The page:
Golden Goat Pasta

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Tonight we decided to take a brief detour from our now tried and true basic pasta recipe. And by brief detour, I mean that we did the exact same thing that we always do, with the addition of some ground turmeric for a new flavor and color. Not the most bold and daring detour if we’re being honest. And since we’re being honest… this was actually an improvised backup plan when our first plan failed. What was the original dish we were going to make you ask? It’s a secret. We’re going to try it again one of these days. But long story short, I already had the mental plan for this sauce to pair with the original noodles. And I really had in my head that the dish was going to be “earthy.” So this backup plan had to be earthy too! We both stared at our spice cabinet, and Selim zeroed in on the turmeric. It’s earthy, I think it will pair well with the planned sauce, and added bonus, it makes the noodles a beautiful yellow color!

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See the gorgeous golden color of the noodles!

Side note… as we’ve mentioned before, we really started this blog as more of a journal or a personal recipe file. We just felt like we were frequently forgetting amazing dishes that we’d created once and then could never replicate. But along the way, we’ve embraced the fact that this is a blog and not just our personal notes. Since it’s available on the internet, we don’t want it to just read like a stream of consciousness diary, but something actually useful for others. One thing I did not anticipate was the difficulty I’d have in naming our recipes. Seems easy right? Apparently I’m not really all that creative, which is why you’ll see that most of our recipes just have simple, descriptive titles (I’m talking about you Wine & Honey Brisket or you Ham & Potato Soup). Any of the slightly more creative names come from Selim (see: Sultan Selim Kofte or Pinch of Crab Egg Dip). I came up with this recipe’s title thinking about the golden color of the turmeric noodles and the goat cheese base of the sauce. I was all proud of myself that I came up with (what I think is) an original, cute, alliterative name… and then I googled the phrase. Apparently Golden Goat is a variety of marijuana… known for its earthy flavor. And… we’re keeping the name! Maybe we’ll get a few new pot-smoking, Golden Goat-loving followers… Welcome!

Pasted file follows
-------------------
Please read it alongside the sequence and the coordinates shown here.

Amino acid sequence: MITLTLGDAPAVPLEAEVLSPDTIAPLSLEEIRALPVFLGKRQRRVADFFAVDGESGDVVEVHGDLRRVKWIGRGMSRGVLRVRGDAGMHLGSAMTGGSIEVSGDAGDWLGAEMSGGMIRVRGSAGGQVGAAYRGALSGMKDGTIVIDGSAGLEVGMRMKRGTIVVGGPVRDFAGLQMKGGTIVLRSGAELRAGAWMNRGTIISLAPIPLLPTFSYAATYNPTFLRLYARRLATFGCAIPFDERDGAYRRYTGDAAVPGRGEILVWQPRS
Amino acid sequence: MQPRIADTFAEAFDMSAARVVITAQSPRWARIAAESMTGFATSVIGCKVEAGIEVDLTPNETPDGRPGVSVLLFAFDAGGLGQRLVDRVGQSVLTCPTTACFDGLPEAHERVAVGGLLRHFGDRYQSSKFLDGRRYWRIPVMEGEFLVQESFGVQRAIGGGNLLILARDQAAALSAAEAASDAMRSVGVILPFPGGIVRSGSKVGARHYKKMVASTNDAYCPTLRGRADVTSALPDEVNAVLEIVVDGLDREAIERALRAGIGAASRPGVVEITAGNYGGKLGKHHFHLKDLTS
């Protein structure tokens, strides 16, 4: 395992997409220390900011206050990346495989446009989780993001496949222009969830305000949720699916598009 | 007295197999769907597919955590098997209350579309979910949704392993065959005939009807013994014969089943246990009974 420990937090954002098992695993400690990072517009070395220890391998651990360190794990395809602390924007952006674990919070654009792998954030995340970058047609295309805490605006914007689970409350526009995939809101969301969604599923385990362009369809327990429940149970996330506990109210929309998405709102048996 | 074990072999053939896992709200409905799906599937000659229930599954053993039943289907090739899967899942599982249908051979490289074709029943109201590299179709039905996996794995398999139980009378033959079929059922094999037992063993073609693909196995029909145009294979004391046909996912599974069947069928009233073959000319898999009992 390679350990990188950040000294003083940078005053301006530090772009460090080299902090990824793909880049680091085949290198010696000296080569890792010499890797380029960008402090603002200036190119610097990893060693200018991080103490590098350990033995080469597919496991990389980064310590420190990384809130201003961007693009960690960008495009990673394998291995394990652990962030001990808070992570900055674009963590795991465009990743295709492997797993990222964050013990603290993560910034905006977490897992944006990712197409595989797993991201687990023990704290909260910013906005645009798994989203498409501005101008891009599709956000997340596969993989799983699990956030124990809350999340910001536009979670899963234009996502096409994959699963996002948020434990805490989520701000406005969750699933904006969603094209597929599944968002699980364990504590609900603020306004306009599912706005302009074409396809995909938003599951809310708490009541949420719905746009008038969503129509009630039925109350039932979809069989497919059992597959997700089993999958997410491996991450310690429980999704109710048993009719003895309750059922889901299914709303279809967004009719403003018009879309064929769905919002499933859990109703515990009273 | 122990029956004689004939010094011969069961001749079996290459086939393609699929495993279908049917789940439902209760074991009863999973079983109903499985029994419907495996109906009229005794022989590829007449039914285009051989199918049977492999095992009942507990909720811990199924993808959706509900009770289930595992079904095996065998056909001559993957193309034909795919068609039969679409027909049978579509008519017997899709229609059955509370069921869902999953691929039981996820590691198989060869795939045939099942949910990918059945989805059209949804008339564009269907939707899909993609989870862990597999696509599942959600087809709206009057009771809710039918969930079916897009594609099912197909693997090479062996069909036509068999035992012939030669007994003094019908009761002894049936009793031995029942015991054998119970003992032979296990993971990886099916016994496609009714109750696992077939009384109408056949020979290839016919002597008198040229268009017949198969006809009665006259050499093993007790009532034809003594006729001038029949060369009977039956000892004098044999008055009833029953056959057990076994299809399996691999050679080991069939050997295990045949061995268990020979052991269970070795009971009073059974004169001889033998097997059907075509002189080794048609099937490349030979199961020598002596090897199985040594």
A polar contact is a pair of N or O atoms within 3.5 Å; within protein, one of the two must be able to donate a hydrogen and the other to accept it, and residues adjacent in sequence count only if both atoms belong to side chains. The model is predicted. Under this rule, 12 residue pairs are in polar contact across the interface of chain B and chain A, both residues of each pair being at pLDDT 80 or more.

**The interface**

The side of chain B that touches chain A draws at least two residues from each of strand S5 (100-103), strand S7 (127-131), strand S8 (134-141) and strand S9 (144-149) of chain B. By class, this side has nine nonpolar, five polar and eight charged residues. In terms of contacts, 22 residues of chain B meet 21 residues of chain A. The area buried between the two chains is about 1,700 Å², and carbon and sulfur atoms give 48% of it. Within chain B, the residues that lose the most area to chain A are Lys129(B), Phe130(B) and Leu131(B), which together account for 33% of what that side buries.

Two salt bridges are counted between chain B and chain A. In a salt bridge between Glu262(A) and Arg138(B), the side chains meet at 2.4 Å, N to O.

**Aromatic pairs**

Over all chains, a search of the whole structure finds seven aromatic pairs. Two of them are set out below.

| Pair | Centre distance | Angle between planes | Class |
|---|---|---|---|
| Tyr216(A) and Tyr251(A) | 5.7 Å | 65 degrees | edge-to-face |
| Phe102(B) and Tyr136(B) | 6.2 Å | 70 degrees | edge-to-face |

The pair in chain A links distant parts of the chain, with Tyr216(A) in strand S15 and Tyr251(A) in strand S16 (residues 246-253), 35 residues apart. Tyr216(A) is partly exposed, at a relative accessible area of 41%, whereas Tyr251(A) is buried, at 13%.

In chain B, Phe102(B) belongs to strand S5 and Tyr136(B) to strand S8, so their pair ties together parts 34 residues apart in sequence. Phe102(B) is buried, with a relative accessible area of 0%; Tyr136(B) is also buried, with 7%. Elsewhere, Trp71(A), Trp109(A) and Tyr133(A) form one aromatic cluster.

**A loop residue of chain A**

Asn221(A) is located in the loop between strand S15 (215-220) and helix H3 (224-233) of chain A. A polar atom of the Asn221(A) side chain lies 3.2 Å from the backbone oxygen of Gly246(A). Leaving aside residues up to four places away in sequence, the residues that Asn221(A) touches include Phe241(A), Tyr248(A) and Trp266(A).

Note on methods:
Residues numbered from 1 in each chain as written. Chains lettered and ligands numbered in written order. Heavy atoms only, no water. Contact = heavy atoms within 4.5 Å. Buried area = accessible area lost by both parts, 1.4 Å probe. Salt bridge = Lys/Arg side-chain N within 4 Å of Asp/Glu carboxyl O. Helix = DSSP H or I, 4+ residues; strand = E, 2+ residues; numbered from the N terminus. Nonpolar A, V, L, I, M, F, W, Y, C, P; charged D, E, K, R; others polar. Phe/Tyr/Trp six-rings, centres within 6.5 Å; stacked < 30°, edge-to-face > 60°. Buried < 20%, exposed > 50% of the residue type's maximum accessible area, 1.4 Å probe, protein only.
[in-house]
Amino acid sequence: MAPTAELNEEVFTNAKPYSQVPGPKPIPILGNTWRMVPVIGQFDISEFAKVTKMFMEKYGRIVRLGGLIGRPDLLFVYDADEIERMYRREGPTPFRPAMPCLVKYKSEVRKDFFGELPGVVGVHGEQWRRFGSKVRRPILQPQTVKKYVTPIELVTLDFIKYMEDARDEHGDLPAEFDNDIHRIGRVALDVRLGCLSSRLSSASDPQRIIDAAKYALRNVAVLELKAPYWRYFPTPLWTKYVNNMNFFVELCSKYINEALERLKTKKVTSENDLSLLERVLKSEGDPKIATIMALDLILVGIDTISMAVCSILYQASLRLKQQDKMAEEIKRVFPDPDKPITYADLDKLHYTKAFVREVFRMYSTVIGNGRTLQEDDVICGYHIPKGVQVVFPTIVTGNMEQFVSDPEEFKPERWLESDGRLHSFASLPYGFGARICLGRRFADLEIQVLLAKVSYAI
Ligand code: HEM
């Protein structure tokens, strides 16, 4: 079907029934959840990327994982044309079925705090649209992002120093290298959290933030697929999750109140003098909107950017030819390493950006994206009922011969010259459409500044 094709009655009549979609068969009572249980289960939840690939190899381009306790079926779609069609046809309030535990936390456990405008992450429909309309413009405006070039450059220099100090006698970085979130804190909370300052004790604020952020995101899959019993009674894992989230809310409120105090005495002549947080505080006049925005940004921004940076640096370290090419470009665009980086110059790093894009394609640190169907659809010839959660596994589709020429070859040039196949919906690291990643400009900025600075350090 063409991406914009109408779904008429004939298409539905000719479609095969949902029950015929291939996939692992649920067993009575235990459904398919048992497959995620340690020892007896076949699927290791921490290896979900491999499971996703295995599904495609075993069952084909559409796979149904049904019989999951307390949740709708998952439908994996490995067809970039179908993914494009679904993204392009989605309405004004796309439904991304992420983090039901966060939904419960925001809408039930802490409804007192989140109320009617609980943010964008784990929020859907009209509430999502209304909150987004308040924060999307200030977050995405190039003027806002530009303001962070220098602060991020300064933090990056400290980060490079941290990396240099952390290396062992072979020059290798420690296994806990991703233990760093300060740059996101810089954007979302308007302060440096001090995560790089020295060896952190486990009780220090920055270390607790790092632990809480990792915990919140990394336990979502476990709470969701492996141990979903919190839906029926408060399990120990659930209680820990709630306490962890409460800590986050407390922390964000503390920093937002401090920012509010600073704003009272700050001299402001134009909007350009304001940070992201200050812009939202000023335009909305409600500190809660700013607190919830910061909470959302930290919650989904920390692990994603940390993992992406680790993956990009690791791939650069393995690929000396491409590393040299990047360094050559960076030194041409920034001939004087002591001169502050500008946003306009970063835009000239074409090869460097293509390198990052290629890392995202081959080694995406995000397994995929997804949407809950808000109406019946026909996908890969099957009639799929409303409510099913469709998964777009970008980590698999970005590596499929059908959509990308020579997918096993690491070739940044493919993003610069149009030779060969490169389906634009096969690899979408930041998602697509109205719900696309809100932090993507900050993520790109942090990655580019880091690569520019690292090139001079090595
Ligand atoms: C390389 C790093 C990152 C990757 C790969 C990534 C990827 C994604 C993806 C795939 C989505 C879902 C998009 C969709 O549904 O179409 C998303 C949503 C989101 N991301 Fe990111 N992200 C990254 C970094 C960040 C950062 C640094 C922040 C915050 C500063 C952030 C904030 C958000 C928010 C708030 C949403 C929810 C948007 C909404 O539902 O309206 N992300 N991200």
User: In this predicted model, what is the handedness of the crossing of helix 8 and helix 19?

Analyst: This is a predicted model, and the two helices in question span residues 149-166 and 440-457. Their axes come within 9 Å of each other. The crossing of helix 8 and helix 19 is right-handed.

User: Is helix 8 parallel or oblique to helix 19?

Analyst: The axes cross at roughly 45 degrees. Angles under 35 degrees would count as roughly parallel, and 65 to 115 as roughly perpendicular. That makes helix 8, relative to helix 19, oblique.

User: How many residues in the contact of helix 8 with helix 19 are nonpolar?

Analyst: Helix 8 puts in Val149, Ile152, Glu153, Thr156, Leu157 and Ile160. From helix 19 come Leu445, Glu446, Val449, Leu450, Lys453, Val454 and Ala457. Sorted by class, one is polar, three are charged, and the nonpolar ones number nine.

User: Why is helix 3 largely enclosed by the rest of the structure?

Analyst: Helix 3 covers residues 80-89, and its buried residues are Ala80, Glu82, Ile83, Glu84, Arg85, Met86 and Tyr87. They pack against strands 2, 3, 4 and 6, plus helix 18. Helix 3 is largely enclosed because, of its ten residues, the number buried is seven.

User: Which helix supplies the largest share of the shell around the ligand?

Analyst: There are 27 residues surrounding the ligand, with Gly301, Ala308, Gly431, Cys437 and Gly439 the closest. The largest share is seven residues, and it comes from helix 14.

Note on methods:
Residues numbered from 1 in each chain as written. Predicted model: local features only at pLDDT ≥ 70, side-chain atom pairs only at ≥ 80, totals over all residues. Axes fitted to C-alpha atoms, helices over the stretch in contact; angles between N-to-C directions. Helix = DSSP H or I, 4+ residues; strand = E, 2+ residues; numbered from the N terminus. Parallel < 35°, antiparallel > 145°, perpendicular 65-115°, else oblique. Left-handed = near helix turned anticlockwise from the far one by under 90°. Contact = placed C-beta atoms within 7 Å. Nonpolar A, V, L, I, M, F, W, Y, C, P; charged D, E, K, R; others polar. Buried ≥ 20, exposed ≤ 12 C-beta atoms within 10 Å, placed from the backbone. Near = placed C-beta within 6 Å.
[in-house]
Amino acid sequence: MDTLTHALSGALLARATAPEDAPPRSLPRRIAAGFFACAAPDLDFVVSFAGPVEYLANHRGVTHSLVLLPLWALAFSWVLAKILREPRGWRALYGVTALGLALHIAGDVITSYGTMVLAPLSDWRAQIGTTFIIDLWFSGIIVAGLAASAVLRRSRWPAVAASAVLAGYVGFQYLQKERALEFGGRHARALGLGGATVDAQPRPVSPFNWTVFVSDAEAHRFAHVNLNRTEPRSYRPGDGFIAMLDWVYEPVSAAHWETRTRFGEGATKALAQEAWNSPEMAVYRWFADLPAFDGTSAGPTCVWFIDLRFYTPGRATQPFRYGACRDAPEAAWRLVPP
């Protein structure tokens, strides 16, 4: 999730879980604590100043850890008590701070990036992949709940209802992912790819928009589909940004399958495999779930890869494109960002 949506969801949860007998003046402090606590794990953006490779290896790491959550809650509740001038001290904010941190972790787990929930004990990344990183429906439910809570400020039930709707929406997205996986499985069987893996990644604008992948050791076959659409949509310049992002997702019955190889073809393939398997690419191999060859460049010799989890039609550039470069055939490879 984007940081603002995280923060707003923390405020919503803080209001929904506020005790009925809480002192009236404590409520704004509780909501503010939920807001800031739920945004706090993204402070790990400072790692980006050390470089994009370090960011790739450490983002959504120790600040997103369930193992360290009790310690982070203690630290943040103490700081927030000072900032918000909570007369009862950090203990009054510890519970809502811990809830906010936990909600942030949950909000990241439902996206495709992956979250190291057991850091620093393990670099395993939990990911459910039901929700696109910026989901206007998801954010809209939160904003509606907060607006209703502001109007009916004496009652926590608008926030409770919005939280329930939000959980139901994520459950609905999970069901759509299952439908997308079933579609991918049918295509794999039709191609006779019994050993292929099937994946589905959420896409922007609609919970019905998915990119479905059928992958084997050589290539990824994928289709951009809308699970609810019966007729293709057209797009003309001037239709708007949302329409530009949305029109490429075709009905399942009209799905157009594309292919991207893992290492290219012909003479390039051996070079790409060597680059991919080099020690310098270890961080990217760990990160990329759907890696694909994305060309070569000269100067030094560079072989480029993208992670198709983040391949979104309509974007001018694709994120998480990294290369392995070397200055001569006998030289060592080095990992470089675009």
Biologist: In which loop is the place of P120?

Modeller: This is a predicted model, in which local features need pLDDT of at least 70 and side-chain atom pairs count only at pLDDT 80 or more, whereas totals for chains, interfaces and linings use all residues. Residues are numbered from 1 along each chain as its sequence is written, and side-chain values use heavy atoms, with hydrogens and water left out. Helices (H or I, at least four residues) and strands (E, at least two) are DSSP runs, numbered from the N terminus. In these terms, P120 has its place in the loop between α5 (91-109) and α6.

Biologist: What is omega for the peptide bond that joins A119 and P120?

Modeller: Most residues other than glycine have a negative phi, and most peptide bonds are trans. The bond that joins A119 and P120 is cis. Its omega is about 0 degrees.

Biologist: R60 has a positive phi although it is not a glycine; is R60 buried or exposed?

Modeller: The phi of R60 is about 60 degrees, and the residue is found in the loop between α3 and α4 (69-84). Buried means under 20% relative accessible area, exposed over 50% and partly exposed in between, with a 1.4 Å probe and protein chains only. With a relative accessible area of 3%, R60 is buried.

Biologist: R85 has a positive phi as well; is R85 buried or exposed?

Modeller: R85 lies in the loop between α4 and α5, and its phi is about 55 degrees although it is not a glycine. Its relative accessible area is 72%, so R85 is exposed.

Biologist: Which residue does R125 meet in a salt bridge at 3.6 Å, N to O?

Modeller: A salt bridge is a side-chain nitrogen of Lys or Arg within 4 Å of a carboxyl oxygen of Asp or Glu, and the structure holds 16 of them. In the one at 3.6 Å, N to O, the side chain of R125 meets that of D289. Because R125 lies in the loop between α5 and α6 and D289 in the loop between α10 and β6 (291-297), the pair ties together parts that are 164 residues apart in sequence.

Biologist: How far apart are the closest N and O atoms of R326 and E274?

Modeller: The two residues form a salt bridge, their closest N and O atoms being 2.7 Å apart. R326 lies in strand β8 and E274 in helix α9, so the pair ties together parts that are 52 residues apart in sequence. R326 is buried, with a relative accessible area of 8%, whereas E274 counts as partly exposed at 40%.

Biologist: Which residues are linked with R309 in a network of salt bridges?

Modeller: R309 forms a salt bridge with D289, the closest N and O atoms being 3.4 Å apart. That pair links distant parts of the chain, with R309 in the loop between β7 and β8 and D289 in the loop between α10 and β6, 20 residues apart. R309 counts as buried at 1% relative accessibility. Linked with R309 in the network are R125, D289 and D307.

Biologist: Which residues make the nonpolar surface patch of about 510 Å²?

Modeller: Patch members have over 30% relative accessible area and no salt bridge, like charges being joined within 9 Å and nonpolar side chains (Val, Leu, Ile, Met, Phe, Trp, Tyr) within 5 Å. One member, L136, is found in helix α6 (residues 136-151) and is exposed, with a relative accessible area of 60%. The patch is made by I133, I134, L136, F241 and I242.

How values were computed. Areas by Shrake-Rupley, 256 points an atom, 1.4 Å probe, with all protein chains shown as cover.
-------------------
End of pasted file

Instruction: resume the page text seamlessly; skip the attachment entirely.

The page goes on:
Golden Goat Pasta

Ingredients: 
  • Pasta
    • 1 & 1/3 cup AP flour
    • ½ tsp salt
    • 2 eggs
    • 1 tbsp ground turmeric
  • Sauce
    • 1 tbsp truffle oil
    • 3 garlic cloves, minced
    • 8oz goat cheese
    • ¼ cup dry white wine
    • Fresh ground black pepper
    • Pasta water, as needed
Instructions: 
  1. Prepare pasta as in our How To, with the addition of the 1 tbsp of turmeric.
  2. For the sauce, start by warming the truffle oil in a pan over low-medium heat.
  3. Once the oil is nice and toasty, add the garlic cloves and a few turns of black pepper. Keep the heat low and cook just a few minutes until fragrant, but not browned.